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Number Ten’s first Prime Minister

Summary:
On September 22nd, 1735, Sir Robert Walpole, Britain's first Prime Minister (although the title was not used until much later), moved into Number Ten Downing Street (although it did not have that number then). Its famous door (through which it was not then entered) has become an iconic symbol of Britain's democratic government. That famous door was not added until 40 years later, and was made of oak until after the 1991 IRA mortar attack on the building, following which it was replaced by bomb-proof material. The black bricks that surround the door, separated from it by the cream-coloured casing, are in fact yellow underneath. They were turned black, as were nearly all London buildings, by the 19th and 20th Century smog of the coal fires that heated every home and the smoke from industrial

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On September 22nd, 1735, Sir Robert Walpole, Britain's first Prime Minister (although the title was not used until much later), moved into Number Ten Downing Street (although it did not have that number then). Its famous door (through which it was not then entered) has become an iconic symbol of Britain's democratic government. That famous door was not added until 40 years later, and was made of oak until after the 1991 IRA mortar attack on the building, following which it was replaced by bomb-proof material. The black bricks that surround the door, separated from it by the cream-coloured casing, are in fact yellow underneath. They were turned black, as were nearly all London buildings, by the 19th and 20th Century smog of the coal fires that heated every home and the smoke from industrial chimneys. Since everyone was by then used to seeing them black, when they were cleaned in the 1960s they were painted black.

Walpole, with the support of two successive monarchs, became Britain's longest-serving Prime Minister, with a spell of more than 40 years. The kings valued his ability to deliver majorities in Parliament to have bills passed to become Acts of Parliament. George II was sufficiently grateful that when Downing Street reverted to the Crown, he offered it to Sir Robert. With admirable restraint, Sir Robert declined it as a personal gift, but suggested it be reserved for holders of the office of First Lord of the Treasury, then the Prime Minister's official title, and one today's Prime Ministers still hold. A brass plate beside the door of Number Ten testifies to this.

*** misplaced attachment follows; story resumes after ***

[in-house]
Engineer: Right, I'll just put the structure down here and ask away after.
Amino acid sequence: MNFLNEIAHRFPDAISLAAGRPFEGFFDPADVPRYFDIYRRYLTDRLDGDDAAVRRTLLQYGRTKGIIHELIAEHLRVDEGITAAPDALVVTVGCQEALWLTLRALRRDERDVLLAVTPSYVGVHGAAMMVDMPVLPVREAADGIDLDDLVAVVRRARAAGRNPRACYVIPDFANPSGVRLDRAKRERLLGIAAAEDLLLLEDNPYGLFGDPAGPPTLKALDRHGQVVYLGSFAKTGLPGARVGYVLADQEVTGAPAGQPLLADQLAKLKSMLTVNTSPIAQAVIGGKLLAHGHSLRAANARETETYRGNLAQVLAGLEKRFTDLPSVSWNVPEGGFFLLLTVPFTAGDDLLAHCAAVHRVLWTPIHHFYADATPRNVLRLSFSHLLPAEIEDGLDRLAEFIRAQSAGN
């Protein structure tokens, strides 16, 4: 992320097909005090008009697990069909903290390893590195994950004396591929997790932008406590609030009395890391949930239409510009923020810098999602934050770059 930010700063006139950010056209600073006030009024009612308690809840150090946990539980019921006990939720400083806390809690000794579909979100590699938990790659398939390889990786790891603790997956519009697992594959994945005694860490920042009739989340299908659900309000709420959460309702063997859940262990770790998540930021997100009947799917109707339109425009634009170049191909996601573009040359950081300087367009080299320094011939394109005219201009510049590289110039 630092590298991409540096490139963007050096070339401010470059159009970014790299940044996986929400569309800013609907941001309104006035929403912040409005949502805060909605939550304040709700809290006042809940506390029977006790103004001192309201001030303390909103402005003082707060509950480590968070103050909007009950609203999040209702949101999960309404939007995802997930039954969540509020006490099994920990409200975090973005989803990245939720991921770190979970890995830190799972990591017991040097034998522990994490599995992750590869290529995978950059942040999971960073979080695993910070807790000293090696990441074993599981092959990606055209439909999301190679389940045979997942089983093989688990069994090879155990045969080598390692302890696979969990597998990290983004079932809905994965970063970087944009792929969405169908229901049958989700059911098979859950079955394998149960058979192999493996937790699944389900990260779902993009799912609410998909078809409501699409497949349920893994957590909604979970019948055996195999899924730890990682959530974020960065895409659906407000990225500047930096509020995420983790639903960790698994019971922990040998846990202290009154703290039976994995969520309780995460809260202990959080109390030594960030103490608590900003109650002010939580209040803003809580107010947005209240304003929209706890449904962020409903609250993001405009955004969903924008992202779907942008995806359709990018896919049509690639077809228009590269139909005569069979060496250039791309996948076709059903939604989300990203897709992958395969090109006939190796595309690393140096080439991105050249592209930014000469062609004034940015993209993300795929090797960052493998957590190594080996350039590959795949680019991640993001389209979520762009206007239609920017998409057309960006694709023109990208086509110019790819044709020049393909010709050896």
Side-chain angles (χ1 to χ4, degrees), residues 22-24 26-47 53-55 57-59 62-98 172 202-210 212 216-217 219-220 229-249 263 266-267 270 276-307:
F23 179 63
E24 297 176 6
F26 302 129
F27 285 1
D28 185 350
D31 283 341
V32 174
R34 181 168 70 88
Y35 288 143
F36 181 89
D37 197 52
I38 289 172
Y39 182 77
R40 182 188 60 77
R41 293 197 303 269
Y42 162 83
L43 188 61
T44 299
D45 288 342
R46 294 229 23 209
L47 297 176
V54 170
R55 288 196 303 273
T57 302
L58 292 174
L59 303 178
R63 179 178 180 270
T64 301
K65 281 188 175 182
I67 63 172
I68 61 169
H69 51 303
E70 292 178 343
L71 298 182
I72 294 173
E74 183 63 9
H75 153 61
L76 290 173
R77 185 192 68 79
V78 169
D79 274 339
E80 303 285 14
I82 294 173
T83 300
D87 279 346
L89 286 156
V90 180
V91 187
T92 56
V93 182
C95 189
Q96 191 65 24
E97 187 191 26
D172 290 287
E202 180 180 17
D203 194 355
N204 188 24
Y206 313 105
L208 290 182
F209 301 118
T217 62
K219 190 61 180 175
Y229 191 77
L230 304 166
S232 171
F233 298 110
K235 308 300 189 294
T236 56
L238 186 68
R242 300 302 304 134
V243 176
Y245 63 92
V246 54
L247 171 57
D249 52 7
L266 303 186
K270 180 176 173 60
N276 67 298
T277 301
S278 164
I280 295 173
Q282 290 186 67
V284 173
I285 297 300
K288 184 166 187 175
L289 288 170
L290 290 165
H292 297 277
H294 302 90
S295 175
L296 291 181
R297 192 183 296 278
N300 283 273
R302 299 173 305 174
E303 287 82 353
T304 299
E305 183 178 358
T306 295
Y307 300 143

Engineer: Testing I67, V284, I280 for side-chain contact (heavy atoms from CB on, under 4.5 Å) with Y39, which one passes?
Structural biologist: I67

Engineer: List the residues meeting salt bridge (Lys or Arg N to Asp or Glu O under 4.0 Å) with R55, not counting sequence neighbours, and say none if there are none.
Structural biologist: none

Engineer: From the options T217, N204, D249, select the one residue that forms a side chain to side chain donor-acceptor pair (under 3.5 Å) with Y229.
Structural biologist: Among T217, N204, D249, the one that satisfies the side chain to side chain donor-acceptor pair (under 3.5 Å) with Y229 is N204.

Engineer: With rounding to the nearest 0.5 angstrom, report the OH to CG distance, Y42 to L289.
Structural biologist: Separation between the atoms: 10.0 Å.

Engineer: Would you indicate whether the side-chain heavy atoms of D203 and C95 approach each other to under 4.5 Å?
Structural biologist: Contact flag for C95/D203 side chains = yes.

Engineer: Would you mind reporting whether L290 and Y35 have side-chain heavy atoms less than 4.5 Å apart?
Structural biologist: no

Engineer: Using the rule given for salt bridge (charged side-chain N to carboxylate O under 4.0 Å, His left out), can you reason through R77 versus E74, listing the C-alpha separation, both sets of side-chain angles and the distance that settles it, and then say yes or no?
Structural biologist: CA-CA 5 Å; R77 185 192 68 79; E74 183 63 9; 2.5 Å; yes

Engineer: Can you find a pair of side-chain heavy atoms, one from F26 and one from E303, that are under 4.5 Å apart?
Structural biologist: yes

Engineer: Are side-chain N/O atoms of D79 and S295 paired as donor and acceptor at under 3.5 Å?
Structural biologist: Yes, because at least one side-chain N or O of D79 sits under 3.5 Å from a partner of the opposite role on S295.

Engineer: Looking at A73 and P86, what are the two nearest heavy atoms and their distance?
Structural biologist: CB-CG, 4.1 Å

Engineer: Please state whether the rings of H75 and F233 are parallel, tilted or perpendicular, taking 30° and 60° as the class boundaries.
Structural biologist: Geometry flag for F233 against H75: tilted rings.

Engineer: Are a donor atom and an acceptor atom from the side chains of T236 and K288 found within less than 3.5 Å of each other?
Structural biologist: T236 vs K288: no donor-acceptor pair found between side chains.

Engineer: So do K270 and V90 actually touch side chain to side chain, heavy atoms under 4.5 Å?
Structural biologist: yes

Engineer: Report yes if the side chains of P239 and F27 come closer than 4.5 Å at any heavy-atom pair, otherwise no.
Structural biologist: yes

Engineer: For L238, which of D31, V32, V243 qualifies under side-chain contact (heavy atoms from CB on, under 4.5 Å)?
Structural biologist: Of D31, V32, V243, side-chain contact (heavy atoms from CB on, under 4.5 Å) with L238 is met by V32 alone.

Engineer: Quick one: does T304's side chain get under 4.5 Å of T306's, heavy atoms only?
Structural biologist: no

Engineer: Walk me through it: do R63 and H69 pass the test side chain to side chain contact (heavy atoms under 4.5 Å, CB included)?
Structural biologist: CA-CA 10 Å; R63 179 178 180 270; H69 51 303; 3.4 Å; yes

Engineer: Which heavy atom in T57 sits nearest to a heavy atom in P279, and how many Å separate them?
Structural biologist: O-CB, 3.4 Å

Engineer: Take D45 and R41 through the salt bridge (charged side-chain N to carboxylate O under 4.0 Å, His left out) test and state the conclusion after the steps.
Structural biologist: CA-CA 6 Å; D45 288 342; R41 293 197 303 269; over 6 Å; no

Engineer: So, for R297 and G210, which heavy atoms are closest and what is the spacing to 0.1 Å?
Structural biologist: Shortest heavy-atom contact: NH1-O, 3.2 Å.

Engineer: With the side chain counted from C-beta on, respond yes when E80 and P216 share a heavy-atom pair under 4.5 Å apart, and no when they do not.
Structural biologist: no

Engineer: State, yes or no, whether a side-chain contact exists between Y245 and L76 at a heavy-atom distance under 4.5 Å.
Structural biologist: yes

Walpole was a moderate. When Europe was at war, he preferred Britain to be out of it, and persuaded George II to stay out of the War of the Polish Succession. In 1733 he proclaimed, "There are 50,000 men slain in Europe this year, and not one Englishman." Without the costs of war, Walpole contrived to reduce taxes. The Land Tax went down from 4s in 1721, to 3s in 1728, 2s in 1731, and finally to 1s in 1732. He also established a Sinking Fund to reduce the National Debt.

He was trying gradually to shift the tax burden away from the gentry, who paid the land tax, and onto the merchants and their customers who paid customs and excise taxes. In modern terms he was trying very sensibly to shift the tax burden from stock to flow, but doing it gradually. He pointed out that gentry "squealed like hogs" at the tax burden, whereas merchants were more like sheep, giving up their wool peaceably.

He built up the Whig ascendency, but his low-key avoidance of controversy and his granting of more tolerance to religious dissenters won him support from moderates of both Whig and Tory groups. The historian H T Dickinson, one of my teachers, wrote, "Walpole was one of the greatest politicians in British history. He played a significant role in sustaining the Whig party, safeguarding the Hanoverian succession, and defending the principles of the Glorious Revolution." 

The residence at 10 Downing Street that he occupied is not what it seems. Walpole had the architect William Kent connect two houses, making the Downing Street front one effectively a passage through to the main building behind it. A corridor connects it to the Cabinet Office much further up Whitehall, and there is a tunnel under Whitehall that we're not supposed to know about that connects it to the Defence Ministry. What is now the Cabinet Room was used by Walpole as his study.

In many ways Ten Downing Street resembles the British constitution it safeguards. There is much more to it than the outward appearance might suggest, and it adapts and changes over time to meet the new challenges it is called upon to face. Yet it preserves the outward form, providing reassurance of continuity. It is modest, rather than grandiose, reminding us that the Prime Minister is a person like us, who lives in a house, as we do, rather than some god-like remote dignitary. Its understated presence reminds us, too, that government and Parliament in this country are here to serve the people, not the other way round.

When people move house, a removal van pulls up outside their house. That is, quite rightly, what happens in Ten Downing Street when we change governments.

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